The Mind Muscle connection is fascinating because it may allow us to progress without ever actually adding more numbers. I guess a good way to approach this introduction would be to ask “what the heck can us old people do to get stronger and better and not more injured?” Improving the Mind-Muscle connection might be the answer to that question.
What Is the Mind-Muscle Connection? According to Men’s Health, “Research shows that focusing intently on the target muscle as you contract it can lead to greater increases in size. Known as “attentional focus” (or more commonly, the “mind-muscle connection”), the simple act of consciously feeling a muscle work through a full range of motion can enhance muscle fiber recruitment and activation. And the more fully and effectively you engage your muscles, the more they’ll grow.” In other words, instead of paying attention to getting the weight up or getting the chin over the bar, pay attention to the muscles that are working to perform that task.
How Do You Improve the Mind-Muscle Connection? Check out Kyle Boggeman’s video on movement quality for some really good information. Get used to seeing your rep count take a dive. This is a good thing. The more intently you are focusing on the movement, the better your form will be, and the more stimulation your muscles will be receiving, and the fewer reps you will be able to do. Check your ego at the door and “train with your future self in mind”.
I have tried to focus on the Mind-Muscle connection in the video linked below. Here’s what I did: I chose a simplified version of a single exercise in each of the three movement patterns – push, pull and squat. By “simplified” I mean that I modified the movement to remove challenging aspects that do not directly stimulate the target musculature. I used suspension trainers (or you could use gymnastics rings) so I could adjust the height easily. For dips, I kept my knees bent and feet on the ground. That removed quite a bit of body weight and allowed me to focus solely on the pulling muscles. I kept it fairly slow on the positive and slow on the negative, and did not pause or lock out so I could keep constant tension on the muscles. For pull-ups, I did a modified jackknife pull-up with my feet flat on the ground, the legs again limp and not aiding the movement, and pulled slowly through a full range of motion with constant tension. For squats, I grasped a bar to take the pressure off the lower back and ankles, stopped the movement before standing all the way up (to keep the tension on the quads) and imagined driving my heels into the ground and moving the ground away from me instead of standing up.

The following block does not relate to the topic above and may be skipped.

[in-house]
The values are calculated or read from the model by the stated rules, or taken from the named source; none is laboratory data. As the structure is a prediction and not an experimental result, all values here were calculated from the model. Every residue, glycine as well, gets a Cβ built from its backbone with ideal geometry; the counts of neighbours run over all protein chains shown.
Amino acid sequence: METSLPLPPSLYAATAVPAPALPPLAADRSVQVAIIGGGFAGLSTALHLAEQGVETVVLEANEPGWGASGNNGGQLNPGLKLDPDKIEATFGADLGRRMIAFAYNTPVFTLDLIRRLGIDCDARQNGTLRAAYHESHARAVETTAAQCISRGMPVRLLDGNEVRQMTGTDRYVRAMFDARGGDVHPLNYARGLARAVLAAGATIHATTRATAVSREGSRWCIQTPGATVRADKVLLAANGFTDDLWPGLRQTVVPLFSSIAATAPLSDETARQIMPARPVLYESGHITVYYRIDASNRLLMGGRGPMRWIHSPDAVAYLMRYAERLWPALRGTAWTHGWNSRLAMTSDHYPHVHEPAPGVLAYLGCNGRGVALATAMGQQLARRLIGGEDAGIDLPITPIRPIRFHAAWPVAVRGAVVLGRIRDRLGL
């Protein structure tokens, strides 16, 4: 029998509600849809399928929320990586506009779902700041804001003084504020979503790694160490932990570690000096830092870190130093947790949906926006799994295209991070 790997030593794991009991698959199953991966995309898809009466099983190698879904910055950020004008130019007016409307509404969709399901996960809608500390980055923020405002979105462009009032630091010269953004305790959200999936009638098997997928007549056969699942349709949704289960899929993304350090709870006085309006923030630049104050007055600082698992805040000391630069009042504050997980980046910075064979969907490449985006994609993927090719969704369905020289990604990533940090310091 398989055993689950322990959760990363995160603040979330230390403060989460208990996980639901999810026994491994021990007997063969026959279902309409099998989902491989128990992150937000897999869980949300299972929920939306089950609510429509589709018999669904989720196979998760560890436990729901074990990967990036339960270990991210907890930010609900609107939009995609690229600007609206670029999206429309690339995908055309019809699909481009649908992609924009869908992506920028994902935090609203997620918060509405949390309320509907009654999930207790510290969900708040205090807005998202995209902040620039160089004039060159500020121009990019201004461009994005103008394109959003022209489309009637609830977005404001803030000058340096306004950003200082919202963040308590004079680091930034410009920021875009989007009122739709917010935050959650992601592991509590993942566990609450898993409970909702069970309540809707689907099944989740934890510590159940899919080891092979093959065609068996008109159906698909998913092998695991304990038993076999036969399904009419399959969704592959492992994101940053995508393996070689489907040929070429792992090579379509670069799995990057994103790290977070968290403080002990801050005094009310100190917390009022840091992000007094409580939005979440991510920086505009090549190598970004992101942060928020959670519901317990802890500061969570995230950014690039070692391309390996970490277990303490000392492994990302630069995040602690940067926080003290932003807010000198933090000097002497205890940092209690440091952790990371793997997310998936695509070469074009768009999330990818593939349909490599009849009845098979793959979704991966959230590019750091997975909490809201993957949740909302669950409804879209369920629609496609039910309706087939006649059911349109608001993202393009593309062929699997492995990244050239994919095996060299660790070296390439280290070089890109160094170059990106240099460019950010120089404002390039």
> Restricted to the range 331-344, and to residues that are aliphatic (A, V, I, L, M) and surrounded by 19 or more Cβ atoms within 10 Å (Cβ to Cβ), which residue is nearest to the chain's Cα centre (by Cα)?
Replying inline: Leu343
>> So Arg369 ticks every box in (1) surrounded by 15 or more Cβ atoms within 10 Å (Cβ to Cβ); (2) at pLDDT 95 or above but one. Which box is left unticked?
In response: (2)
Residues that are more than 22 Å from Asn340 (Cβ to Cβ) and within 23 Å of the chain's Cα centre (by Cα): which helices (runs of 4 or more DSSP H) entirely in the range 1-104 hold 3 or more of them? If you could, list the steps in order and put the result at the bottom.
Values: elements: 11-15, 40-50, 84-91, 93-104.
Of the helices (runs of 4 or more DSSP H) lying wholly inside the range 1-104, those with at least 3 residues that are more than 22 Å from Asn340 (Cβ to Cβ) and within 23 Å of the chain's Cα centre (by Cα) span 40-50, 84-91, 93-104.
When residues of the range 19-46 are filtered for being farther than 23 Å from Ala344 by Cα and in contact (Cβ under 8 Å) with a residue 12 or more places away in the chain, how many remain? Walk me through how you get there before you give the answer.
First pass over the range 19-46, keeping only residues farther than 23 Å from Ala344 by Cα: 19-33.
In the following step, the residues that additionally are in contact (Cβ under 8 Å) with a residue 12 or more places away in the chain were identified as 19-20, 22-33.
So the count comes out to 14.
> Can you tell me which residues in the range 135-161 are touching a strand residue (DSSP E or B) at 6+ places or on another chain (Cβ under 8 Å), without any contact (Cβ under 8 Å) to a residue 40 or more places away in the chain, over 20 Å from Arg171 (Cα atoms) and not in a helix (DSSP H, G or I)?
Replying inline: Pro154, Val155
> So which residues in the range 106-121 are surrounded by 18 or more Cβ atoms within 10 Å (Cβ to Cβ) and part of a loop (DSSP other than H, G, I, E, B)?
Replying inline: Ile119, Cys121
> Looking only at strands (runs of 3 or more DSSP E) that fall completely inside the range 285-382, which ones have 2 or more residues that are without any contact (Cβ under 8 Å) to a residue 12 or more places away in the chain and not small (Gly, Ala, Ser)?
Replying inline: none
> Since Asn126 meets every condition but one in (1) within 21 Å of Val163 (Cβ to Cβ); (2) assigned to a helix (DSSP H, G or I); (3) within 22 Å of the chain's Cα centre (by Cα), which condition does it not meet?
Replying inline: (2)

Traditional notions of “progress” in strength training are ubiquitous but you need to know that they have an expiration date. In weight training, progress means adding more weight, sets, reps or training days. In calisthenics, substitute harder exercises for more weight. For example, as a beginner, you may start with knee push-ups for two sets of eight repetitions. A few weeks later you are doing regular push-ups for three sets of ten. Then it’s on to diamonds, feet-elevated push-ups, dips, etc. Once you can get a good set of ten pull-ups with good form, it’s on to twelve, fifteen, twenty (rarely). But does this continue indefinitely? No, of course not. It is not conceivable that by the same means you would eventually get to a set of 100 pull-ups with good form.
Good programming begets progress. For beginners, three workouts a week, three sets an exercise, add a rep or two per week. Follow the program, record your progress, eat and sleep to support your training, and you will progress. Until you don’t, at least on the same scale. Factors like age and years spent training put you into a new scale for measuring progress. If you continue to push it in the same manner as you did as a beginner and intermediate, eventually you will break down and sustain injury because you will be forcing more reps (and sacrificing form) where there are no more reps to be had. And injury is the athlete’s biggest enemy.
Instead of progressive programming, think in terms of concepts. Years spent in honest training, improving mind-muscle connection, good health, and lack of injury become your marker of progress. Refining an exercise, improving your form, extending your range of motion, and increasing your frequency of exercise… these are your programs. If you work hard so that your sets are taken a few reps shy of muscular failure, and you manage your fatigue so that you are able to perform again without loss or injury, and you perform the exercises as often as you can with good form, you are guaranteed to have made progress, even if you did not do any more reps than you did the prior workout or the prior week.